(April 15, 2014) -- Gabriela Sanchez-Soto, assistant professor of demography in The University of Texas at San Antonio (UTSA) College of Public Policy, is conducting ongoing research into the long-term implications and consequences that the end of mass Mexican emigration to the United States has had on children in Mexico. Net migration from Mexico is the lowest it has been in decades, and U.S. border security is tighter than ever, according to findings by the Pew Hispanic Trends Project.
Using data provided by the Mexican National Census Bureau, Sanchez-Soto compared the educational attainment and school enrollment rates of children living in low-income communities to those living in more affluent areas. She traced the lives of several populations of children from their early years in schooling through their post-schooling years.
"In the past, research into the migration phenomenon has focused either on rural communities exclusively or on communities already noted to have high migration habits," said Sanchez-Soto. "By using a nationally representative sample, I hope to provide a fuller picture of migration's cultural effects by using a nationally representative sample that includes communities at all levels of economic status and all levels of migration prevalence."
Sanchez-Soto found that young people's schooling is affected differently according to the economic opportunities available to them in their communities. Middle school and high school aged boys in low-income communities in particular were several times more likely to drop out of school due to perceived societal pressures than their higher-income peers. Girls in this age group were more likely to continue their education through high school.
"Many of these children grow up socialized to want to leave the country and work in the U.S., and it is easy to see why the prospect of a higher wage would entice them to drop out of school as soon as possible," Sanchez-Soto said. "However, it is not so easy to leave Mexico for the U.S. anymore, and so these children are left adrift without the education and training they may need to obtain local employment opportunities."
Sanchez-Soto's findings present a troubling trend for a select population of Mexican citizens. As the ease of immigration to the United States declines due to a number of factors, the cohorts of would-be migrants will be at a distinct disadvantage.
Without a high school degree, low-income youth who fail to cross the border are left with few options for careers beyond hard labor, which pays significantly less in Mexico than in the United States. Even if these youth travel to more populous areas in Mexico to attempt to join the increasingly frugal factory workforce, they are likely to be turned down without a high school degree.
The picture is not completely bleak, however. Sanchez-Soto said that these findings also show that this shift in the migration culture will mean future young men will look toward completing high school and beyond in order to procure lucrative work. All that would be required to ensure this change in mind-set would be new policies to emphasize the creation of well-paid, local, employment opportunities.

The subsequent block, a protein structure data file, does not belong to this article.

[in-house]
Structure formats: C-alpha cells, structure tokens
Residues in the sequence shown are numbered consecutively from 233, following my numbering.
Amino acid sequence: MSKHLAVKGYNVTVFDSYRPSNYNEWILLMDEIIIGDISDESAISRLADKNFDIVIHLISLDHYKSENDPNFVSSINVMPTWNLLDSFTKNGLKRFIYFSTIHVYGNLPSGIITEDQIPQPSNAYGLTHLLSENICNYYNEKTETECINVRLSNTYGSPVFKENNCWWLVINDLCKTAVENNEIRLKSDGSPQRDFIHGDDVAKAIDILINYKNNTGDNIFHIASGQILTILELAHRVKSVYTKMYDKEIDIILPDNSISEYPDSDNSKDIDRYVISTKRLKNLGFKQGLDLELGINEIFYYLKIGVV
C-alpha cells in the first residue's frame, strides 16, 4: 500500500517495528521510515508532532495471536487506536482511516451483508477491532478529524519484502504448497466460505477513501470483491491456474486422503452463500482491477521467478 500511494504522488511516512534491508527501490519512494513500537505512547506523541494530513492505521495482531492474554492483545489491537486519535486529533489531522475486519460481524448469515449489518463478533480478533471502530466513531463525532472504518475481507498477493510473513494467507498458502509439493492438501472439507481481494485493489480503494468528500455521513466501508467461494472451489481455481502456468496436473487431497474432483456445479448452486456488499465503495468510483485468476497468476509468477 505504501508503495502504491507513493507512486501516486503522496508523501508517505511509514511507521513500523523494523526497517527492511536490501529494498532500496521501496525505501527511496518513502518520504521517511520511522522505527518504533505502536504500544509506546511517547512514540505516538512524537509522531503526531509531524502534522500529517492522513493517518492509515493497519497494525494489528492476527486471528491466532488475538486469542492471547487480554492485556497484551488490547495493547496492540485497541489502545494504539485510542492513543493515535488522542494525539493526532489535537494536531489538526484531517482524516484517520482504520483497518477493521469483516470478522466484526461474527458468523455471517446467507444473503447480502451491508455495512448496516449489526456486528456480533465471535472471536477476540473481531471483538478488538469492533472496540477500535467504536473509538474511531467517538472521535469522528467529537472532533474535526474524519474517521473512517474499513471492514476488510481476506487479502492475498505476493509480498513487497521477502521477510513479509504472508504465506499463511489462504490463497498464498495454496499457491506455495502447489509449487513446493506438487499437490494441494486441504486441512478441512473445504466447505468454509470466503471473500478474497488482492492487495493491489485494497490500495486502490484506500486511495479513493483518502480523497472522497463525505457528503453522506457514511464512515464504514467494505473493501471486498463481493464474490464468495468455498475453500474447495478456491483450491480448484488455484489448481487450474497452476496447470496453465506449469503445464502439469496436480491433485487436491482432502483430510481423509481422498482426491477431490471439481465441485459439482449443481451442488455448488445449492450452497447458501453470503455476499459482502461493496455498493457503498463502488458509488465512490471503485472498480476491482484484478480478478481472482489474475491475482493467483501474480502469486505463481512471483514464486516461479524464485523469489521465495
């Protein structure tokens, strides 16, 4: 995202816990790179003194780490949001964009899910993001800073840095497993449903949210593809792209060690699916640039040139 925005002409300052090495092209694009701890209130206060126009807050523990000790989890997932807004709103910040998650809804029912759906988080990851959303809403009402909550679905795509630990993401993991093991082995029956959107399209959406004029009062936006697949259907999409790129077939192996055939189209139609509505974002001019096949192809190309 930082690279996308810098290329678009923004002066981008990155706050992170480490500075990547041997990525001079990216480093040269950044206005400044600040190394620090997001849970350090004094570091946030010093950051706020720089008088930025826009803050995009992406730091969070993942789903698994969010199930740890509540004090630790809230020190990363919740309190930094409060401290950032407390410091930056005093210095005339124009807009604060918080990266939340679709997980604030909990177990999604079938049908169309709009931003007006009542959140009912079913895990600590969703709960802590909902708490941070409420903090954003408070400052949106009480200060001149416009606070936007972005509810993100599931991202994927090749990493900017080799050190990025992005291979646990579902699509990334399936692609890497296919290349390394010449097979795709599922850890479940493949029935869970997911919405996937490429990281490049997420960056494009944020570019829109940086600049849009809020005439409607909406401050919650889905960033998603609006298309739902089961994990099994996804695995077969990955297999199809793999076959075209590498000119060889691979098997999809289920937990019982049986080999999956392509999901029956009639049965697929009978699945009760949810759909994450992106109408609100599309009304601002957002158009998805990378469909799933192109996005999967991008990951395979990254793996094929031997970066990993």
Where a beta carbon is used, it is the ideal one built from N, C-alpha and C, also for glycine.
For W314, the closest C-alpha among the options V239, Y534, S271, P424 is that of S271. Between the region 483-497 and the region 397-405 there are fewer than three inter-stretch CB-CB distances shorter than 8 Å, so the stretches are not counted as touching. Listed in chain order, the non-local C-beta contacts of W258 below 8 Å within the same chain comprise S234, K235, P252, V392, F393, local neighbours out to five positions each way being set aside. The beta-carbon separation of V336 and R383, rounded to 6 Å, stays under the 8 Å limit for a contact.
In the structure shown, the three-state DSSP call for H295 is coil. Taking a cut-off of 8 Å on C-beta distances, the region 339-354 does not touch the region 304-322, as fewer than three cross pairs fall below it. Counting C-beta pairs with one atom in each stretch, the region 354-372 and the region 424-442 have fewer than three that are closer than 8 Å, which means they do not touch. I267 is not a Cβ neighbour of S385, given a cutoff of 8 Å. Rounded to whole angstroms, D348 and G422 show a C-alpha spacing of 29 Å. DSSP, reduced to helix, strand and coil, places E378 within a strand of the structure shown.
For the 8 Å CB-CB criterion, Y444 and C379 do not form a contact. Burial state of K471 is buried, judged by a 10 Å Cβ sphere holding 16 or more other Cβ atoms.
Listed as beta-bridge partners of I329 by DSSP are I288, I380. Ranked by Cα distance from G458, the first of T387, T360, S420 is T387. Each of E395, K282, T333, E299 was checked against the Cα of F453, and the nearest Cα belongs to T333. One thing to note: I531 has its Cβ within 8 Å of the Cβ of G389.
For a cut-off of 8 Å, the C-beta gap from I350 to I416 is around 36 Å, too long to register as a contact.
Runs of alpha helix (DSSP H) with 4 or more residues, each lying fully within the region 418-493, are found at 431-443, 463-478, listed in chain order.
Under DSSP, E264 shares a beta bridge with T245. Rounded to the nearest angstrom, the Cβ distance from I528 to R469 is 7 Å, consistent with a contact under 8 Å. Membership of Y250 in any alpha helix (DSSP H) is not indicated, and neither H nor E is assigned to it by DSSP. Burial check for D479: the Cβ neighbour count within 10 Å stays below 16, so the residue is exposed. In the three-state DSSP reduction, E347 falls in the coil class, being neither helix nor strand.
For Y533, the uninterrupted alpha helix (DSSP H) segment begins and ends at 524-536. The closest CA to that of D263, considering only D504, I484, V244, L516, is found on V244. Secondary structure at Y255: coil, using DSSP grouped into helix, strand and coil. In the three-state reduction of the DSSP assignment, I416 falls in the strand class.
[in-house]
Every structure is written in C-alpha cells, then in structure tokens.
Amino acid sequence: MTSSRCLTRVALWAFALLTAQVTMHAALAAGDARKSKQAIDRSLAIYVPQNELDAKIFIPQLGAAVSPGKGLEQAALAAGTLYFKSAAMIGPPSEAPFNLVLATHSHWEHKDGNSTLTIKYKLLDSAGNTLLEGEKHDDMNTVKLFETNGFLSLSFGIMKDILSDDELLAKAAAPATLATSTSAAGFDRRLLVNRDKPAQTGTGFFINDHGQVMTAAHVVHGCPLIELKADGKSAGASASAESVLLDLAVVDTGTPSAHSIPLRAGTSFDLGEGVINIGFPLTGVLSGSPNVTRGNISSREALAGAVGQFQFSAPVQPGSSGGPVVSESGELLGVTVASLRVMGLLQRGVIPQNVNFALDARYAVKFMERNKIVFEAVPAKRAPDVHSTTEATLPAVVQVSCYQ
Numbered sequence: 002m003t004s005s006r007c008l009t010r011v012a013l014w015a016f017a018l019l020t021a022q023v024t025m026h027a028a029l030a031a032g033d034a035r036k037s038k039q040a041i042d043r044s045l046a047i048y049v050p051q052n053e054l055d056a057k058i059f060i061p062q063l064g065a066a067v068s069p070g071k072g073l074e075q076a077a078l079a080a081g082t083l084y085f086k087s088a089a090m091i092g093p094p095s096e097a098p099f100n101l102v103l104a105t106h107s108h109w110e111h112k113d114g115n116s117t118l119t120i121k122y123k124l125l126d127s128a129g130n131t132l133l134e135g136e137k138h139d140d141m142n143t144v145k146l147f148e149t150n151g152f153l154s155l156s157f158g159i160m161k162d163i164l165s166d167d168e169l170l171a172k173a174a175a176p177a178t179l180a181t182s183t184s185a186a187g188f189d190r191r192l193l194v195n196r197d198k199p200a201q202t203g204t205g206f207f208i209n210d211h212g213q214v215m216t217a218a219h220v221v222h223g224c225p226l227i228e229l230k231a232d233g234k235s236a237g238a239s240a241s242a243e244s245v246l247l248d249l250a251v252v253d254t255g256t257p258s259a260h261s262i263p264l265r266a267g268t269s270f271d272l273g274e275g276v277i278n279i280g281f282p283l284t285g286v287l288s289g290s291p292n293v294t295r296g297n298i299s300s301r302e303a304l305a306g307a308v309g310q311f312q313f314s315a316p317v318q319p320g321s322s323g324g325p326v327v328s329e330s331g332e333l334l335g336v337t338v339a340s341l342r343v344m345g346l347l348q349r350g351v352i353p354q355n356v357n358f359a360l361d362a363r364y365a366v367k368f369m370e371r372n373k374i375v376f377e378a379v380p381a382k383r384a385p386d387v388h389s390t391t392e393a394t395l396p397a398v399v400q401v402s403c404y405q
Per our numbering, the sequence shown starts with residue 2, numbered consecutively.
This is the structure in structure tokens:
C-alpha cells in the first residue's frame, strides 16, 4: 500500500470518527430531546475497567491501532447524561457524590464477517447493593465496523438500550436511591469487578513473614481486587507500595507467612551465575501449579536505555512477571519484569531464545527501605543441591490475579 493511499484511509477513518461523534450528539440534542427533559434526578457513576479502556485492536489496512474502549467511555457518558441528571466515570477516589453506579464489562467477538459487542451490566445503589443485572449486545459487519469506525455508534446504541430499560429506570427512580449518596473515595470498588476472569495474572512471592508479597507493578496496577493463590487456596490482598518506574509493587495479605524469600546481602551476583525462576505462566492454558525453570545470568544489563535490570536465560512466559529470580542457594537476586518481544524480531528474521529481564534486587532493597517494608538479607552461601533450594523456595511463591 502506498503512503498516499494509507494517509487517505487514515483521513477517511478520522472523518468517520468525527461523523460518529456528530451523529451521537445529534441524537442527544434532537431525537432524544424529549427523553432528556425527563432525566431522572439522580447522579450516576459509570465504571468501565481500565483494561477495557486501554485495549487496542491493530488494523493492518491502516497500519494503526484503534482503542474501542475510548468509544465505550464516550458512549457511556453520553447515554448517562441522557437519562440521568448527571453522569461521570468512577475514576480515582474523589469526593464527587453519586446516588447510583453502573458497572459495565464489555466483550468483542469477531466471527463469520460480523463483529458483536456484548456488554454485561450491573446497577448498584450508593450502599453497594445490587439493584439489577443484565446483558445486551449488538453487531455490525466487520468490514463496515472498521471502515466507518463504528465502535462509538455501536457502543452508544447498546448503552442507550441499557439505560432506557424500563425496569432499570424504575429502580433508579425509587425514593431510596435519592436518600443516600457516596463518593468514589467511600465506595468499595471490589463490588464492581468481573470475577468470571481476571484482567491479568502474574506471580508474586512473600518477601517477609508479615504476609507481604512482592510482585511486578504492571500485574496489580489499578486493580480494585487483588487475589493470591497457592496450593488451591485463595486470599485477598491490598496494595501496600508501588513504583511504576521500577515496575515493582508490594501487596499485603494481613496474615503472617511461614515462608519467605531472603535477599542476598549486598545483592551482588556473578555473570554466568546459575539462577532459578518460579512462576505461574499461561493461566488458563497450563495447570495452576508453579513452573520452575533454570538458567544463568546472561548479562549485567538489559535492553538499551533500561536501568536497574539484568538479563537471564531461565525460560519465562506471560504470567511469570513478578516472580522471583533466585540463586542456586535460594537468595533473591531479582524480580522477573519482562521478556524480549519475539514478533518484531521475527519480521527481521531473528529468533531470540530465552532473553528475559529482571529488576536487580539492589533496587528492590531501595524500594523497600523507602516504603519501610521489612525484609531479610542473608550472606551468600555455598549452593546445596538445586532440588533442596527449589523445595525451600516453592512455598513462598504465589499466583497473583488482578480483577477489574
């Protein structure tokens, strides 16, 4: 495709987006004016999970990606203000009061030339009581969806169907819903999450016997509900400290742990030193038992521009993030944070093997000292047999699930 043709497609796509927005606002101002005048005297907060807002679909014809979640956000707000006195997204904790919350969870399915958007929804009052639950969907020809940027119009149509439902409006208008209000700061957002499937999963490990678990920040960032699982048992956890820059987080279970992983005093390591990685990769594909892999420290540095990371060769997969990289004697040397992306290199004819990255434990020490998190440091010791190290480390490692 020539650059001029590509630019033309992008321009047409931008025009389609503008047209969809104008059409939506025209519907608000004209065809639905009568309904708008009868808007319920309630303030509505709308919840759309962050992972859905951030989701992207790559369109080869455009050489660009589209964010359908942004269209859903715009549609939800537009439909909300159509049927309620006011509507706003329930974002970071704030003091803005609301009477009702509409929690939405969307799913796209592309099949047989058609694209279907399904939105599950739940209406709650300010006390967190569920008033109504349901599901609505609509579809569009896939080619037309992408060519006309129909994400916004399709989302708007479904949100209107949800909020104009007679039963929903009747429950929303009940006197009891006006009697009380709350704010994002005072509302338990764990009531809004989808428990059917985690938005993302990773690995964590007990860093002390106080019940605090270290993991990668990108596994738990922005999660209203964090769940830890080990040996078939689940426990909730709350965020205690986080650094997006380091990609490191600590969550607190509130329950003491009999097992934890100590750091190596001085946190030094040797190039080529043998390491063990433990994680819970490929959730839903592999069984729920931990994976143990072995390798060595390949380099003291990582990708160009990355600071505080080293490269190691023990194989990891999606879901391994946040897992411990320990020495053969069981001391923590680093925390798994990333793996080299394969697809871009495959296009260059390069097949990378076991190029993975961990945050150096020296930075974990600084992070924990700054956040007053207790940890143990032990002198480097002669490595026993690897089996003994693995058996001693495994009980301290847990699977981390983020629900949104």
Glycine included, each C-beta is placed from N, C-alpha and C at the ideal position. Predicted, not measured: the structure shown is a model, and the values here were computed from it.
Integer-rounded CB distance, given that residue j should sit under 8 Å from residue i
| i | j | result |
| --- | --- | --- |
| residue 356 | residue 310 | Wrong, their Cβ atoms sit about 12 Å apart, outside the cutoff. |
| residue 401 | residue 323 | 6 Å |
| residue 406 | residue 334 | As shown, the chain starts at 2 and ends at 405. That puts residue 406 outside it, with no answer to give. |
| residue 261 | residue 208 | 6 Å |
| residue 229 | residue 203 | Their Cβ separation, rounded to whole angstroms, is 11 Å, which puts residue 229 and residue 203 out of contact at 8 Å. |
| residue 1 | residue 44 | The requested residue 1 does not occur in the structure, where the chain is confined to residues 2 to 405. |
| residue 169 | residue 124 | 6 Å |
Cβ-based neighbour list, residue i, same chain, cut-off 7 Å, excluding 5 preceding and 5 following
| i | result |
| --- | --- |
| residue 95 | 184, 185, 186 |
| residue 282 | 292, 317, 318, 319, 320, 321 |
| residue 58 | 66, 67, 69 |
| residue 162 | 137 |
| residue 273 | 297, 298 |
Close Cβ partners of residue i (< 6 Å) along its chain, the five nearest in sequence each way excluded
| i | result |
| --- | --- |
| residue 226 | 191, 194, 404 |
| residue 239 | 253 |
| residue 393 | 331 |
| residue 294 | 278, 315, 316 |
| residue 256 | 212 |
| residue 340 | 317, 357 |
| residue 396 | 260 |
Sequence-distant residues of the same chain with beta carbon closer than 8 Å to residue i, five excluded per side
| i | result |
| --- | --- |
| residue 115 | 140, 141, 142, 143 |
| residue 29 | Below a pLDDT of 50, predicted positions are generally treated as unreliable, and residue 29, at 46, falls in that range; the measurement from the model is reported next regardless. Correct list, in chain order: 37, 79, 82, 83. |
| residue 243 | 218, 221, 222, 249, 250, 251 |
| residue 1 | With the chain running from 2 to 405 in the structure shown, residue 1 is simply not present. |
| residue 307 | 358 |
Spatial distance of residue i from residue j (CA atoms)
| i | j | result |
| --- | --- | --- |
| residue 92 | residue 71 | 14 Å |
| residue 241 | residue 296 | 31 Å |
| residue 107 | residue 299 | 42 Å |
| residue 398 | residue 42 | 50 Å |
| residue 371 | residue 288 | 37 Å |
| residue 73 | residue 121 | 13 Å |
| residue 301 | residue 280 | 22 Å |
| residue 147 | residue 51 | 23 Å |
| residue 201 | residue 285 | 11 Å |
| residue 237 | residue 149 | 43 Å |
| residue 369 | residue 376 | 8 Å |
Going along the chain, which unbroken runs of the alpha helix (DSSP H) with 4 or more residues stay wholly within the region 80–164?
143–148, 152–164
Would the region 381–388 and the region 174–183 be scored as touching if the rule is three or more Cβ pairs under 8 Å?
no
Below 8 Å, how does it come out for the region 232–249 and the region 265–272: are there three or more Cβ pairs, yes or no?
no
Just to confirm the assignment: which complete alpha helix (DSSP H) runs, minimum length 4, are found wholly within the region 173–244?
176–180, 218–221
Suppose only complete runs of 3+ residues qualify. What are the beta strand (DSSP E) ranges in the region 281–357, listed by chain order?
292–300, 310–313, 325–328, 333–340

The UTSA Department of Demography, housed in the College of Public Policy, provides training to increase students' understanding of the size, distribution, composition and growth of human population. For more information, visit the about the UTSA Department of Demography website.
MuTe Fest is a celebration of original music and technology. Three days of concerts, sessions, and informative lectures will offer a unique experience of musical works created by fellow UTSA students and the chance to gain valuable knowledge about music technology.
Art Building, Music Tech Lab (Arts 3.01.30B), Main Campus
The conference will showcase the works of authors, illustrators, and scholars which embody Latino culture and art as a means to promote literacy and reading in Latino children.
Durango Building, first floor, Downtown Campus
The theme of this year’s symposium is Black & Brown Futures. The free event will give UTSA students and the community the opportunity to meet and hear national scholars talk about current research and academic trends relevant to the lives of African Americans in the United States.
Student Union, Denman Room (SU 2.01.28), Main Campus
Registration is open now for this family-friendly and dog-friendly run that supports the UTSA Alumni Association scholarship fund.
Convocation Center, Main Campus
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Main Building, Ground Floor Lobby, Main Campus
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H-E-B Student Union Ballroom (HSU 1.104/1.106), Main Campus
Dr. Don Jenkins from UT Health SA will lead this event UTSA with up to 30 certified STB trainers, and train up to 300 UTSA students and personnel in stop the bleed methods.
H-E-B Student Union Ballroom (HSU 1.106), Main Campus
Get to know more about the Bexar County Criminal District Court candidates' stance on the issues before voting in the primary election on March 6.
Buena Vista Street Building, Aula Canaria (BVB 1.328), Downtown Campus
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